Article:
The UK will not be able to fly British nationals out of Ukraine if Russia invades, Armed Forces Minister James Heappey has warned.
He told the BBC the Royal Air Force would “not be in a position to go in” and people there should “leave now”.
Mr Heappey said the advice had changed because Russia was in a position where it could attack “at no notice”.
Russia has denied any plans to invade Ukraine despite massing more than 100,000 troops near the border.
On Friday, the UK Foreign Office warned British nationals in Ukraine to leave the country within 48 hours while commercial means were still available. A number of other countries have issued similar advice.
The US also said Russia could invade “any day now” and told its own citizens to leave – although it said the US did not know whether President Vladimir Putin had made a final decision.
Both French President Emmanuel Macron and US President Joe Biden are due to speak with Mr Putin on Saturday.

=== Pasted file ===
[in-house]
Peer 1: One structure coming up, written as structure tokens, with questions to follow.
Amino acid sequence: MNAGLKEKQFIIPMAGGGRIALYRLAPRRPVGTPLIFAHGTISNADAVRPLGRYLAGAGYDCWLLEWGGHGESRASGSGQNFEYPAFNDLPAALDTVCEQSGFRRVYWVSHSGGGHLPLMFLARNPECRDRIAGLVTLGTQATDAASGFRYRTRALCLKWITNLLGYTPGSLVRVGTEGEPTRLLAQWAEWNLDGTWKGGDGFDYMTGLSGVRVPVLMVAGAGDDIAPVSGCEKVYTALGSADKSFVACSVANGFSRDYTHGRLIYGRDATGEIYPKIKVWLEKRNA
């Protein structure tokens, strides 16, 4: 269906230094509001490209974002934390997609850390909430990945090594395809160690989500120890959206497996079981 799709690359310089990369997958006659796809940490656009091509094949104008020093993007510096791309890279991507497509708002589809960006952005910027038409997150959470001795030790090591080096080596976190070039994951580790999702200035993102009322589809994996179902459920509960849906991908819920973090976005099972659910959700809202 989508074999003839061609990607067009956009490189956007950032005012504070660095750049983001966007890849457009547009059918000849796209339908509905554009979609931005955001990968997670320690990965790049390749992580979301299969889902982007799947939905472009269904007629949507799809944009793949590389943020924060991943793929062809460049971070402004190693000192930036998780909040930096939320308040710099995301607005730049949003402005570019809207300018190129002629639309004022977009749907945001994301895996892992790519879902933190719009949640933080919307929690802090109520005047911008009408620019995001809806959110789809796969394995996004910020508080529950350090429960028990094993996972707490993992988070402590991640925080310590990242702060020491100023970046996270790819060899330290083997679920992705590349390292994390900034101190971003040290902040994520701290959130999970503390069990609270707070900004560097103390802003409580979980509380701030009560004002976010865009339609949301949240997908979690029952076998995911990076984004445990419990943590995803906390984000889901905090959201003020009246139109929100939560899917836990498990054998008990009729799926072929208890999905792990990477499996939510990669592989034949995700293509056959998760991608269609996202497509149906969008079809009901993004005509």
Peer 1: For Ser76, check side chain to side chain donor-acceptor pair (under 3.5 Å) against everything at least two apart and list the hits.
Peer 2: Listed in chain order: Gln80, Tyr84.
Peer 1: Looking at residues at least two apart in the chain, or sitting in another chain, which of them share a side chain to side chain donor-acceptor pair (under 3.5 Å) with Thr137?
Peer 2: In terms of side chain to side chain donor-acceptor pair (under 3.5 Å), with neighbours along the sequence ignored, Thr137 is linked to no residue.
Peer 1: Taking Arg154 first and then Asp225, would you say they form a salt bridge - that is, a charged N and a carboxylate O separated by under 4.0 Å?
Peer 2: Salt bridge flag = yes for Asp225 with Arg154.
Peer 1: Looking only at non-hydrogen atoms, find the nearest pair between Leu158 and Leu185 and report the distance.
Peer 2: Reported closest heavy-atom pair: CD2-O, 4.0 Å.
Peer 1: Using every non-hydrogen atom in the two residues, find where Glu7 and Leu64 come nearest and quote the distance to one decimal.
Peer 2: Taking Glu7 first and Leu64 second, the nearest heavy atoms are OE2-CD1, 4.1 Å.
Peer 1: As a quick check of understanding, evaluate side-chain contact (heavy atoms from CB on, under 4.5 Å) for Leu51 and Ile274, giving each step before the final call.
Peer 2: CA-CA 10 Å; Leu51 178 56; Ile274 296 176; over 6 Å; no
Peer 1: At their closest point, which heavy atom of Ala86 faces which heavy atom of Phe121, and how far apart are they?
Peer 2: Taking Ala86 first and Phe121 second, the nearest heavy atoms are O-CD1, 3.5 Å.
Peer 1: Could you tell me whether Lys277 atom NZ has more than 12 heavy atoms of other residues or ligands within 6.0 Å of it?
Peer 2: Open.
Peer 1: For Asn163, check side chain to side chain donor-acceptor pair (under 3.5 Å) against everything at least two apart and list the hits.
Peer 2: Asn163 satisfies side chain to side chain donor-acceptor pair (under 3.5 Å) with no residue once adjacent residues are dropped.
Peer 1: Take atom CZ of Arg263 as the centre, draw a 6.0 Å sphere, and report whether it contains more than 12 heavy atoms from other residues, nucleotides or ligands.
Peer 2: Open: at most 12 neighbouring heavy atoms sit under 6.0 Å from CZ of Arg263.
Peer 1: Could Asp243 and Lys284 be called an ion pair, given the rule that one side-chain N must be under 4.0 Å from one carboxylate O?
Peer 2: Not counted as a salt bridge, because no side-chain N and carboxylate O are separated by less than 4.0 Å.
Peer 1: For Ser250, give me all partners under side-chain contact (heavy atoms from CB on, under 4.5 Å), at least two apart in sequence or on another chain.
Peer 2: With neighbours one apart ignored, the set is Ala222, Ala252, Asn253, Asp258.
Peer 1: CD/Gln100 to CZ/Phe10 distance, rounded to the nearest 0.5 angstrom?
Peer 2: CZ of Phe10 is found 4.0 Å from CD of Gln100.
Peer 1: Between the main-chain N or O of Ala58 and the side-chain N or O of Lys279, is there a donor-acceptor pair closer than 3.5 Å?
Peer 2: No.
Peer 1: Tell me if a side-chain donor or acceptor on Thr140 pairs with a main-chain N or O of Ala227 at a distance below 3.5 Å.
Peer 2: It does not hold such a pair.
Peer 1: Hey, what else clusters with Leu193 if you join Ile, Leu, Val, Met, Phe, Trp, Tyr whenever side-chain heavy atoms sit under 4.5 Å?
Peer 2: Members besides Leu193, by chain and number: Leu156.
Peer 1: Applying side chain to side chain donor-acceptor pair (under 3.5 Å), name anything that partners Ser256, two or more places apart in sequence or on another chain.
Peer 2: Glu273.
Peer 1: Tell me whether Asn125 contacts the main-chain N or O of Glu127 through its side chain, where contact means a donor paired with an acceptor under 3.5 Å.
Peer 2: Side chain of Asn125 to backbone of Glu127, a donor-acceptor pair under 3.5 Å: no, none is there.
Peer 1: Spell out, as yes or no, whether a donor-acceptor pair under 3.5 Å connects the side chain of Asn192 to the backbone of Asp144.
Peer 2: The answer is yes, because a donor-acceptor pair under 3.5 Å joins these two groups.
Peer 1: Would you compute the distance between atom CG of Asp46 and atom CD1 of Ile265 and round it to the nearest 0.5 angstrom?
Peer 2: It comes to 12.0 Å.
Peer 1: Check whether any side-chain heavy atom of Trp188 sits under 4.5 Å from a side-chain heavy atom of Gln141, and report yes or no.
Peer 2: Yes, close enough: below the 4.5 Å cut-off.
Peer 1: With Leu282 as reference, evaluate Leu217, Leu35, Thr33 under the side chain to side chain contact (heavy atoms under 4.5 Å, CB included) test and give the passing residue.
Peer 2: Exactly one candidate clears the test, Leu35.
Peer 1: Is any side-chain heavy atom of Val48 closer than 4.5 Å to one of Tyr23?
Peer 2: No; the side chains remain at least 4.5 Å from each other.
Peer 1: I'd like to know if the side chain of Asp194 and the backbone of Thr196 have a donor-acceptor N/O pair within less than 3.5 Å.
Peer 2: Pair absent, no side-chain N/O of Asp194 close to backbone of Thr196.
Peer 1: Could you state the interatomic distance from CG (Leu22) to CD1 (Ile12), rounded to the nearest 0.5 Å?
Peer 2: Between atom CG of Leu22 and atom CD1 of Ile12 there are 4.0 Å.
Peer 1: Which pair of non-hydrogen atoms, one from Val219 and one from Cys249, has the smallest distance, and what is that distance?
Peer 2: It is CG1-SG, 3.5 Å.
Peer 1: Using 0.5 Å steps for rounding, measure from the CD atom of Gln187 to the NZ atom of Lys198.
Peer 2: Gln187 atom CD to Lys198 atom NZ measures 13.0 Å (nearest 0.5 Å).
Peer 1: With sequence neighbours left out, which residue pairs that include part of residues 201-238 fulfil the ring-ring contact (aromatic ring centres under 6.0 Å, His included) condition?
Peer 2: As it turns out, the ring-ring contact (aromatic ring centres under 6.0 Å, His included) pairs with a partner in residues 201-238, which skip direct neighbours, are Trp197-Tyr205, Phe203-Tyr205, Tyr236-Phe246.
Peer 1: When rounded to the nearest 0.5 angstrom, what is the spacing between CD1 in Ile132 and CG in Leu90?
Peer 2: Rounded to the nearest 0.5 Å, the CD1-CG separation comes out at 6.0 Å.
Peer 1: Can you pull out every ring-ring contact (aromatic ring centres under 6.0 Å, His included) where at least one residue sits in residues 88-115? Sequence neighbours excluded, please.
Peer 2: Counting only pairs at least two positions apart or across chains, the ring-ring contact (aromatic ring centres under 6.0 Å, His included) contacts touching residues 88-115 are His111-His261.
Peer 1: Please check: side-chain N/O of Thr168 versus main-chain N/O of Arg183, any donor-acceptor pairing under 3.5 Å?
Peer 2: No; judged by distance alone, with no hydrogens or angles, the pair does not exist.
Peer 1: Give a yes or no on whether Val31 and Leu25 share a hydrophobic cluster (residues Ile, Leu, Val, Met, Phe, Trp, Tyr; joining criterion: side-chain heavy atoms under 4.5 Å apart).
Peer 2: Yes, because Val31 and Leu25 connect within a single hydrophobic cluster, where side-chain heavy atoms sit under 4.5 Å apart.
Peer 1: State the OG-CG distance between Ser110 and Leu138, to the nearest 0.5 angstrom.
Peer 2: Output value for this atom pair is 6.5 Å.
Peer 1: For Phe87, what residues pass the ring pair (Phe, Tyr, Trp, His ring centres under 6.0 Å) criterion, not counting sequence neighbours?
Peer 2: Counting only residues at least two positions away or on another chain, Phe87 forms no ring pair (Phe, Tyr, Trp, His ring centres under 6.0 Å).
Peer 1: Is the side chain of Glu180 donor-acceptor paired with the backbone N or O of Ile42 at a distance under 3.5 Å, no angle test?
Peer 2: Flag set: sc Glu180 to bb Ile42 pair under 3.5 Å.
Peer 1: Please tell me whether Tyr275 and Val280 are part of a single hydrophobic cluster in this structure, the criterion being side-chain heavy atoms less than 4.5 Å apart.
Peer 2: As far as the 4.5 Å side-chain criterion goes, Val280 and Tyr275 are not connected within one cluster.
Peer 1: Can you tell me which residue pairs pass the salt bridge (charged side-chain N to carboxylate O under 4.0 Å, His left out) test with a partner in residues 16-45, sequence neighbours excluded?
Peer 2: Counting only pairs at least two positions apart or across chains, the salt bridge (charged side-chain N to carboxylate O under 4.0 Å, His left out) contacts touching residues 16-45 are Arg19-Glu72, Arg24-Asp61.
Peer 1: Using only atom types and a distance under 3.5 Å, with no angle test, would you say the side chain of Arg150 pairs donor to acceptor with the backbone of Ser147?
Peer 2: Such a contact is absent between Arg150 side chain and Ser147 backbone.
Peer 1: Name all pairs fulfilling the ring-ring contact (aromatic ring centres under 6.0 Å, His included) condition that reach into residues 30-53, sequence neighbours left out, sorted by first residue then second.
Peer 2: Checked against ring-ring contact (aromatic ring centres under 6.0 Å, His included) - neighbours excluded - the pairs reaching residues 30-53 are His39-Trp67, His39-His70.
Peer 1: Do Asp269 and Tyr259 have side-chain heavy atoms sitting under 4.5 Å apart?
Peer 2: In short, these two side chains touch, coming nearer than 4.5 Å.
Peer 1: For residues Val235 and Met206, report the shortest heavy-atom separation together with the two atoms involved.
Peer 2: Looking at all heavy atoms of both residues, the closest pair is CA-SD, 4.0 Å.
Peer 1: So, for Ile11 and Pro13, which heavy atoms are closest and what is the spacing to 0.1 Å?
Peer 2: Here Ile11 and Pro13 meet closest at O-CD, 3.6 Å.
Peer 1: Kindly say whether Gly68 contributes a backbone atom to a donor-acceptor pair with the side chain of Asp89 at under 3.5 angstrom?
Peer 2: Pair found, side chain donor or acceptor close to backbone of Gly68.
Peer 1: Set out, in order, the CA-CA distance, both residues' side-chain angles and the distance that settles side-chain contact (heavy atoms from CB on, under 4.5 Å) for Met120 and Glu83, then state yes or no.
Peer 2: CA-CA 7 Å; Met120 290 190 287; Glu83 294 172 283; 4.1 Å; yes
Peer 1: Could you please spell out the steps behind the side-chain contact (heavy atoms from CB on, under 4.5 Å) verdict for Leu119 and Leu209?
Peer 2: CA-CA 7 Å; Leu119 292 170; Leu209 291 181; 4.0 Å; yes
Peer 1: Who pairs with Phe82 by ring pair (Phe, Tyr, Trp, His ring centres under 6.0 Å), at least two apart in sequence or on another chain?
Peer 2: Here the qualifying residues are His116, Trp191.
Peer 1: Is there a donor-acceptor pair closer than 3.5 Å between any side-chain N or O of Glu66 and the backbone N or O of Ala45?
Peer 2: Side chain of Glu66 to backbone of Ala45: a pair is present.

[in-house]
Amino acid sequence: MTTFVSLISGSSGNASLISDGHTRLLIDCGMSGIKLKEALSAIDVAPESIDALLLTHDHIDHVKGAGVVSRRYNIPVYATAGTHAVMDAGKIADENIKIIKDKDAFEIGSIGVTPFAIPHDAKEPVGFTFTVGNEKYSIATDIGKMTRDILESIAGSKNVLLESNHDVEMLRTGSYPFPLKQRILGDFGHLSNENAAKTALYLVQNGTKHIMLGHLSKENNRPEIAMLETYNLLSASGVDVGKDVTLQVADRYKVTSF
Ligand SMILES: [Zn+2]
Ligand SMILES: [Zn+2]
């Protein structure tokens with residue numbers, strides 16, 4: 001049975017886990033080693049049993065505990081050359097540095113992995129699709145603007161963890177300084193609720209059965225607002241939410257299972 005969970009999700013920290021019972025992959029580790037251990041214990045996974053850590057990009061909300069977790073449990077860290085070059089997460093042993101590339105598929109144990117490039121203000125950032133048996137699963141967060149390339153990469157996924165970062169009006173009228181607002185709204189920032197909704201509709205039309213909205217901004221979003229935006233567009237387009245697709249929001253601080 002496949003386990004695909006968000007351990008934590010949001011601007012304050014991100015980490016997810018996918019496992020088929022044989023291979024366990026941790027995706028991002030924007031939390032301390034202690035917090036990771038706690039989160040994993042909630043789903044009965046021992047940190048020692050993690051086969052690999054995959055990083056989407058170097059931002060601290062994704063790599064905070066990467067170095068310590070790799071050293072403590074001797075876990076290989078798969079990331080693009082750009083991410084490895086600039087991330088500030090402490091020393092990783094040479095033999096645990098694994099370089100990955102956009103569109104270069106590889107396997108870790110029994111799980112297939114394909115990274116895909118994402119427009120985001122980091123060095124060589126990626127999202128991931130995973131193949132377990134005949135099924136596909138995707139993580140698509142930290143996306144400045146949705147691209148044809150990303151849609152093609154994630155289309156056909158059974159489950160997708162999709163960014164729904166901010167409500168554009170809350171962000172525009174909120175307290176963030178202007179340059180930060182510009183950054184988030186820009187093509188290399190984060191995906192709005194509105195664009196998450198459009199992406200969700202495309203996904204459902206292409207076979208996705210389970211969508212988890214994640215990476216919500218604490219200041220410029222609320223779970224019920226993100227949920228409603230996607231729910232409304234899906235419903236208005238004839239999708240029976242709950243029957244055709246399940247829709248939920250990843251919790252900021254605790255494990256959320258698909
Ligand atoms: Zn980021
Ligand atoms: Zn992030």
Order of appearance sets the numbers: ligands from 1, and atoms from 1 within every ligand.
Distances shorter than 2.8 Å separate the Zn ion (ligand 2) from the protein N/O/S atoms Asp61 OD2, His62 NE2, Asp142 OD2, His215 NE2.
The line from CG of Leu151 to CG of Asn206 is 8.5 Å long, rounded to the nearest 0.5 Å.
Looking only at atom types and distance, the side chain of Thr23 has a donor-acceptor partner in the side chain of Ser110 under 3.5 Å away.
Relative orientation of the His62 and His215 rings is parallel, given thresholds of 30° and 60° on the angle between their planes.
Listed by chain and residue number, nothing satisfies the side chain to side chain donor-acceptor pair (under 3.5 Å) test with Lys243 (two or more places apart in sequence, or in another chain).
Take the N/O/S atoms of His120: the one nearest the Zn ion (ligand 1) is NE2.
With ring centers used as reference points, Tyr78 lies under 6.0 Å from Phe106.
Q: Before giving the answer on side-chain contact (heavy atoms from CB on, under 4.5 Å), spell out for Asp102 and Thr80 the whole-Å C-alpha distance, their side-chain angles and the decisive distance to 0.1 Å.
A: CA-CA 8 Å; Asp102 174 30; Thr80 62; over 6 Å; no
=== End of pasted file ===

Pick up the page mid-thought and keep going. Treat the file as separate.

Moscow has accused Western countries of stirring up hysteria.
- Five ways out of Ukraine conflict
- Is Russia preparing to invade Ukraine?
- Ukraine: How big is Russia’s military build-up?
Following a call with world leaders on Friday, Prime Minister Boris Johnson said he feared for the security of Europe and urged allies to have a “heavy package of economic sanctions ready to go” should Russia attack, Downing Street confirmed.
Speaking to BBC Breakfast, Mr Heappey said: “We are now confident that the artillery systems, the missile systems and the combat air are all in place that would allow Russia to launch – at no notice – an attack on Ukraine.”